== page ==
Courage is the power to let go of the familiar.
Finding your way in unfamiliar territory requires an excellent map. For if you want to know where you're headed, you might want to know the general direction to undertake your journey.
In elementary school my classes did a great deal of map work including not only the geography of the world, but our own neighborhoods. We mapped our routes to and from school with landmarks and street signs. Since I always walked to school, it didn't seem such a difficult task. I'm a saunterer so I tend to notice things while I walk. The detail is what counted in our maps. The detail is what made it workable.
Each map required a compass placed in a prominent place on the page or a failing grade was guaranteed. A compass provided the measure to which one might first locate themselves. To get their bearings. To know which way to take the first step.
Since I lived in a small town divided into quadrants in regard to the numbered street address (NW, SW, NE, SE) direction was an easy issue for me. I lived in NW. My grandparents lived in SW. The Hormel plant was in NE. The bowling alley in SE.
When I moved to Denver at 13, I only had to look around and find the mountains. That gave me West. Easy from there. Same thing in Salt Lake City. Wasatch Front. East. Connecticut - Long Island Sound at the end of the road. South. And then, of course, there is where the sun rises and sets.
Seemed when I knew one direction, I could easily figure out the rest.
I recently traveled to Ireland. I had prepared. I made a guidebook with maps, hotel reservations and transportation info. I had a general knowledge of things I wanted to see and had printed out the directions from each stop in the country to the next stop. However, I didn't do that for Dublin. I knew places I wanted to see, but I hadn't studied the map. I shouldn't say that. I did study the map. But the map that had fixed itself in my brain couldn't comprehend the lay of the land when I walked it. I felt like someone had swirled me around in a circle while I wore a blindfold and then sent me out. I had my north and south confused. My east and my west not even in my mind.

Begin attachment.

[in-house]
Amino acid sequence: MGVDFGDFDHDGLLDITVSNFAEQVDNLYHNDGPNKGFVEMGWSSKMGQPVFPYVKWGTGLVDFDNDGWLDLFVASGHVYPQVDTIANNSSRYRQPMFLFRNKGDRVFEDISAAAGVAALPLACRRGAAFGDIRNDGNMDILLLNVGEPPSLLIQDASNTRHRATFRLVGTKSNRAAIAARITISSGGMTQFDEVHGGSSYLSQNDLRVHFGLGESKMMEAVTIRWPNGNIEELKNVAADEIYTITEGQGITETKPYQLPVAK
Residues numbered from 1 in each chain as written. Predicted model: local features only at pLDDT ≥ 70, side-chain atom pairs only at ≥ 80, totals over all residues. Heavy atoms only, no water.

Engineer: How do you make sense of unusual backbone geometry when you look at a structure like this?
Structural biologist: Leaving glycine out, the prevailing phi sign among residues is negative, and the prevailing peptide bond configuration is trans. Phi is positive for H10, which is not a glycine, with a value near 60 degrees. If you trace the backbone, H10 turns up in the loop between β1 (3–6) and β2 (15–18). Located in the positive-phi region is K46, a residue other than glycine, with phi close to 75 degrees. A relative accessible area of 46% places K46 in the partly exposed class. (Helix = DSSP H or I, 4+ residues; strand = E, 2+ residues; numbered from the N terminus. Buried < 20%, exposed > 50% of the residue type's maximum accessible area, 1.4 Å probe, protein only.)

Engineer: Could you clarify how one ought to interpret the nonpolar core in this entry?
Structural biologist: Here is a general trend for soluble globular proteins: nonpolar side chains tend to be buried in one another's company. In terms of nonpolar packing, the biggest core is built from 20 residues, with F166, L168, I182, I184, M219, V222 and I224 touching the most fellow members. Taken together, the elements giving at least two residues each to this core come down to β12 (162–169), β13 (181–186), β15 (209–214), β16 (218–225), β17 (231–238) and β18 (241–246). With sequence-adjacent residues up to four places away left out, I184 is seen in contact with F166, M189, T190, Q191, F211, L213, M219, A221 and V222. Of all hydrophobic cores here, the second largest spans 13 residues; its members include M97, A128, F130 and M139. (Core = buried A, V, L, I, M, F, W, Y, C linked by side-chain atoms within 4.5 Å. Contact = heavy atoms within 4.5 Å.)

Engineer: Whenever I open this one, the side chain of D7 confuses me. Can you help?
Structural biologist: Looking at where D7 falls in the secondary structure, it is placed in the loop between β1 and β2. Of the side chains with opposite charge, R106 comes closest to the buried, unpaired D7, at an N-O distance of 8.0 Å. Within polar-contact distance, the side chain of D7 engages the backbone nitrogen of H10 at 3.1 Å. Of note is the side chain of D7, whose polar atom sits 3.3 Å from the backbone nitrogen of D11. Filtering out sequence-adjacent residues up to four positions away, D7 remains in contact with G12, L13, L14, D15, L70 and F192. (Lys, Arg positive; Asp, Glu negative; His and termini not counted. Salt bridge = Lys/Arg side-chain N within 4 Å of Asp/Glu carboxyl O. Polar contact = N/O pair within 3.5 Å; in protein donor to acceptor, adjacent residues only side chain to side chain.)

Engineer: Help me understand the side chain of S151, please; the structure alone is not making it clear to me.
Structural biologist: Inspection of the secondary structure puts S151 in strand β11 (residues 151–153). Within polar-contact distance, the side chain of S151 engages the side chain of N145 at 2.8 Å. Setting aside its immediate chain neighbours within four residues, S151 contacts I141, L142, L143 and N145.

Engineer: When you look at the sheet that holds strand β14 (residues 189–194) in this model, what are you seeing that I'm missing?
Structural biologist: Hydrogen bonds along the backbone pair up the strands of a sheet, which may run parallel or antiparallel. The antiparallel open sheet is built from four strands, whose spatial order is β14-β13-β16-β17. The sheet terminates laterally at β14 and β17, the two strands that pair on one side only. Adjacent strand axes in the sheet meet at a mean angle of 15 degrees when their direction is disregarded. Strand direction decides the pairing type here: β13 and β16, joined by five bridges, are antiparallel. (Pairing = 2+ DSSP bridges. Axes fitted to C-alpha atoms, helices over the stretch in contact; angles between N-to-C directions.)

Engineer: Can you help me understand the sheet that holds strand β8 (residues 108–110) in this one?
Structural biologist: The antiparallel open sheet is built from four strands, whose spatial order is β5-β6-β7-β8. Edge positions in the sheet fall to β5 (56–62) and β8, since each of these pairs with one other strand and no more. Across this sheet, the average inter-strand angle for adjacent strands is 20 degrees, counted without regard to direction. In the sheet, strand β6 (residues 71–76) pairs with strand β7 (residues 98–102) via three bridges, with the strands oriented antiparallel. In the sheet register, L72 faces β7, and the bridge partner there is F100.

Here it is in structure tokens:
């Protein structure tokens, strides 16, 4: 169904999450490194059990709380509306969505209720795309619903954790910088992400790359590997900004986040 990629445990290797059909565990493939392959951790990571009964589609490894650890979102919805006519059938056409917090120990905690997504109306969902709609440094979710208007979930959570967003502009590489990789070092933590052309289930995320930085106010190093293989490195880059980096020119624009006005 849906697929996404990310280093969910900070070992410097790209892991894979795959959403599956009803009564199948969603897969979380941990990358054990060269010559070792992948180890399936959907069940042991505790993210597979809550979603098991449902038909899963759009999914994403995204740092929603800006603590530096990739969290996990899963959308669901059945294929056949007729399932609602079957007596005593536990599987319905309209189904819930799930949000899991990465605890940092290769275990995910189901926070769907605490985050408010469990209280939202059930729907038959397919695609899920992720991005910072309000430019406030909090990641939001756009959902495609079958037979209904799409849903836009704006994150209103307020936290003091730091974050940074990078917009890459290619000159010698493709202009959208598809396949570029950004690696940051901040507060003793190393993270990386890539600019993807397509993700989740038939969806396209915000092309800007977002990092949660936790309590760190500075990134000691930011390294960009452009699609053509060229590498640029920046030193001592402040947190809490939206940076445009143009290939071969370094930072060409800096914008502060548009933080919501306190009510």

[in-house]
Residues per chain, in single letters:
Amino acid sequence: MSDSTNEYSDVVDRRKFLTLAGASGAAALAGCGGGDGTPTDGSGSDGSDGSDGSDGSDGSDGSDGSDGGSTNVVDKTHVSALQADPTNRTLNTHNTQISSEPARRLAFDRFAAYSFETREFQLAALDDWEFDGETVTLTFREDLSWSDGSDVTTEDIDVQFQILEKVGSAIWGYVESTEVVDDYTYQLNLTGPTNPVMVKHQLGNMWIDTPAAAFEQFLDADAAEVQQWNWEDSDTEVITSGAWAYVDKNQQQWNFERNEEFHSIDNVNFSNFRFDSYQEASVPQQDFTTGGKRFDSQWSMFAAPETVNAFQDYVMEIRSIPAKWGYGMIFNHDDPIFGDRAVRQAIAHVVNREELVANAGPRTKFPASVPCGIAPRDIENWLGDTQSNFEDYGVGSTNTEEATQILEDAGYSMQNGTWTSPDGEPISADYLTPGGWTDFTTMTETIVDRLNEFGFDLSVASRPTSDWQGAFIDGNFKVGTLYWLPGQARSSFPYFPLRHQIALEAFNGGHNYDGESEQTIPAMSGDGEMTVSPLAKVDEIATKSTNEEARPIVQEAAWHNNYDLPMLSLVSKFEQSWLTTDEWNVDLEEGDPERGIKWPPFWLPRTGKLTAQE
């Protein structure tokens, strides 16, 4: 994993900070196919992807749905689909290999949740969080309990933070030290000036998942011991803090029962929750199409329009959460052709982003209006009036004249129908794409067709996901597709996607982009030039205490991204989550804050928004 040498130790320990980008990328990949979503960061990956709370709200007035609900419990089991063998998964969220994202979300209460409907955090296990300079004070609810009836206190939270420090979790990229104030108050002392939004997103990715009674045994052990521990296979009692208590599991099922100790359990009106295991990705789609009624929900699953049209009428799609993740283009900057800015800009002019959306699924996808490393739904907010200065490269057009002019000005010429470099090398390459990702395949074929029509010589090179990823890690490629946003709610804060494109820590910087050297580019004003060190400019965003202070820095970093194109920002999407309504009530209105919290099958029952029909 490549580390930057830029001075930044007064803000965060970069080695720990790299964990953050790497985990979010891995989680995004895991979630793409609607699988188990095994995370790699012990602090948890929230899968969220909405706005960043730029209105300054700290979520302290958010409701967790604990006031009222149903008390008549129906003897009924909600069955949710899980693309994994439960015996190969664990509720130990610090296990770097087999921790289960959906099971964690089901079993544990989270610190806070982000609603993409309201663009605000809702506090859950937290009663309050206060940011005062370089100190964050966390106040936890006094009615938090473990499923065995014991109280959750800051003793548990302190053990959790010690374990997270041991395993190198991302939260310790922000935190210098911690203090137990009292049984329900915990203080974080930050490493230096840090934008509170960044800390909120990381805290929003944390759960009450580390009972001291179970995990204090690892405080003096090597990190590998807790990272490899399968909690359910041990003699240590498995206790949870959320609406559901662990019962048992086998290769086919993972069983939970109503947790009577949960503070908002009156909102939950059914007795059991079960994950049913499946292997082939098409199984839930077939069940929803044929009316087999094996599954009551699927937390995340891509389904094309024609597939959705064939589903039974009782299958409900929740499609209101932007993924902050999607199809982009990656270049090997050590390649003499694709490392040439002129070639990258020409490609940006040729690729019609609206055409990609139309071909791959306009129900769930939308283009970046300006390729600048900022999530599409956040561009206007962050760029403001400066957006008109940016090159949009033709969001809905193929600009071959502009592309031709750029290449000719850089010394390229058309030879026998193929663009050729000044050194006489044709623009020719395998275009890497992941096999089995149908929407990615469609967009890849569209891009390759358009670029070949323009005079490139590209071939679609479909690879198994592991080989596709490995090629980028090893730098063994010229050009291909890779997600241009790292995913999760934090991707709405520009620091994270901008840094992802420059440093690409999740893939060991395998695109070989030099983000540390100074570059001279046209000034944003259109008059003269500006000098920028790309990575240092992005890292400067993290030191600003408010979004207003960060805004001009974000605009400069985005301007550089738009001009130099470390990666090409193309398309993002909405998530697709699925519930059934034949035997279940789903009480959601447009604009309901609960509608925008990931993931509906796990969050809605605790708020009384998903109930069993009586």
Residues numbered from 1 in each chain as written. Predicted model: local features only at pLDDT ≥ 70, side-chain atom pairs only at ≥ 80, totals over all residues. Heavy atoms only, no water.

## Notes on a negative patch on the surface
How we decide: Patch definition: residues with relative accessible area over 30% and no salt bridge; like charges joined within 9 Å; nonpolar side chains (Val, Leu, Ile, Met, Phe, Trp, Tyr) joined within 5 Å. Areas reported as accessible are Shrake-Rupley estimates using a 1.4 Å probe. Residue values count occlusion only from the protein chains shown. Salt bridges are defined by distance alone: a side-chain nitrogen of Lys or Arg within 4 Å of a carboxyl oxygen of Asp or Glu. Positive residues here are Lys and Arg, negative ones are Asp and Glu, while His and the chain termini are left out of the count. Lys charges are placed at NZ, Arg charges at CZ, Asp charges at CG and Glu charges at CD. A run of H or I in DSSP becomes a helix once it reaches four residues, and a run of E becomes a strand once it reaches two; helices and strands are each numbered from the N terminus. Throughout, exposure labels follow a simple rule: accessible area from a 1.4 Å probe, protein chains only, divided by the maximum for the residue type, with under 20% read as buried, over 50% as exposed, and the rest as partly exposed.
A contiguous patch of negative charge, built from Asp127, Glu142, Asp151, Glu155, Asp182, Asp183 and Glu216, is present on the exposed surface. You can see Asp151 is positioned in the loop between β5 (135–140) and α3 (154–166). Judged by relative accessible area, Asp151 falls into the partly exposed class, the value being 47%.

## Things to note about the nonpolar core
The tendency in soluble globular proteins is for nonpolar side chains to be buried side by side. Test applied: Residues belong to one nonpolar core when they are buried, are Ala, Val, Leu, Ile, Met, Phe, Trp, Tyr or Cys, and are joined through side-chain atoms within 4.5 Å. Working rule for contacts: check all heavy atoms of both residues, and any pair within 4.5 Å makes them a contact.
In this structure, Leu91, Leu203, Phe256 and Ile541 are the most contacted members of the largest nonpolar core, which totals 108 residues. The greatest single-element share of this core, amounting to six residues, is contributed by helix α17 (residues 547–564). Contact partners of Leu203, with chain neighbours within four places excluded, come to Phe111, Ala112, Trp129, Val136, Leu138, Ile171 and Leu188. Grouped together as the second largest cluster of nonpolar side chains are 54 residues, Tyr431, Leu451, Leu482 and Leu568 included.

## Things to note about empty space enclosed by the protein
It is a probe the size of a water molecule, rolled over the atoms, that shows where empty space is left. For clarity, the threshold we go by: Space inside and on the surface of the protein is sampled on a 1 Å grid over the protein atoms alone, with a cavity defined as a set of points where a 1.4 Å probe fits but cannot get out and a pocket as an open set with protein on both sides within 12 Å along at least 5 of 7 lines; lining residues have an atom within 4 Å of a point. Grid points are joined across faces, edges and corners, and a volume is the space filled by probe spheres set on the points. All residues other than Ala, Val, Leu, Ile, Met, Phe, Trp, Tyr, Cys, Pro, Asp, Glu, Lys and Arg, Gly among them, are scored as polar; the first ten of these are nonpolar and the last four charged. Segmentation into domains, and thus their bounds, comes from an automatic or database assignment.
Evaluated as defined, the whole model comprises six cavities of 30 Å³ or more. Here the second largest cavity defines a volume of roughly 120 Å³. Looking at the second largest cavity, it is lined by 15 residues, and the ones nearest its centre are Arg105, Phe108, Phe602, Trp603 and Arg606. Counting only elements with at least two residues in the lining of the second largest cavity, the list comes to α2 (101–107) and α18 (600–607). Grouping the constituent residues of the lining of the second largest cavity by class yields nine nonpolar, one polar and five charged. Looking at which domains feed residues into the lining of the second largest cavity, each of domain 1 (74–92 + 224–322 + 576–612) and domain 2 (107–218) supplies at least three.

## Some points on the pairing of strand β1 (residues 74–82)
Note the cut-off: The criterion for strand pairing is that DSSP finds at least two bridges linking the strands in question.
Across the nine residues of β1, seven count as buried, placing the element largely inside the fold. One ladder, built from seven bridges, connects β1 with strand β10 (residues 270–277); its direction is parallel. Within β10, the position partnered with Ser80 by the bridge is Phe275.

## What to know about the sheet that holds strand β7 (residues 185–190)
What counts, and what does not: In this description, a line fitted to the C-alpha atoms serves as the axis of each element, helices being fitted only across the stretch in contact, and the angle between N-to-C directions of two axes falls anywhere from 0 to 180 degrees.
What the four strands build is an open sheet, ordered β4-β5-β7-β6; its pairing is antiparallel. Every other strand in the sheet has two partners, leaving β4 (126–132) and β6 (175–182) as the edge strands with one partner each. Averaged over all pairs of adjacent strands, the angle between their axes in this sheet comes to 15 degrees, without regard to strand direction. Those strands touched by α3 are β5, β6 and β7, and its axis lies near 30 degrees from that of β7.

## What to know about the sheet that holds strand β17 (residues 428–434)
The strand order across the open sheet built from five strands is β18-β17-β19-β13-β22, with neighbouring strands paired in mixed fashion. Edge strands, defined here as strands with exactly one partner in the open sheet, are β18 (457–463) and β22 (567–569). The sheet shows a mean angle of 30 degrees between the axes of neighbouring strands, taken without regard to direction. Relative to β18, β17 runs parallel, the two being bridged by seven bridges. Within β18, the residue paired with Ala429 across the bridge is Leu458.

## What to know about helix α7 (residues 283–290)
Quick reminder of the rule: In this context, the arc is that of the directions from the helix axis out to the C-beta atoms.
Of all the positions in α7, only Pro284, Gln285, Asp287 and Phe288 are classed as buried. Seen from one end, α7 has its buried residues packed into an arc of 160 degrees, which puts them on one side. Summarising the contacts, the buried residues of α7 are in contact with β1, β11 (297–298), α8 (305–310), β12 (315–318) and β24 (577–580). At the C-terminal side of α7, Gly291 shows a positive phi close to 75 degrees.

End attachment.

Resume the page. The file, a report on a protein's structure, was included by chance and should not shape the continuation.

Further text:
My traveling companion had a grasp of the area much better than me. Also, the city was not that large so aimless walking still provided many a wondrous experience. But losing one's way can be most unsettling. Especially when it has been a strong point in the past.
When I arrived home, I pasted the brochures and mementos from the trip into my homemade book to accompany the journal entries made while there. I came across the Dublin map I'd used. Studying it and recalling my disorientation, I noticed the city was not a perfect grid of north/south/east/west. And the map did not have a compass.
Failing grade in my elementary school. No directional assistance for the walker. For the disoriented.
I share this long tale of direction as I struggle with the current state of my country. I'm more than troubled by the mass shootings aka terrorism (it's terrorism to me no matter how you paint it) involving guns that take place each day in this country. Where more than four people are shot or killed in a single incident by a perpetrator -- each day.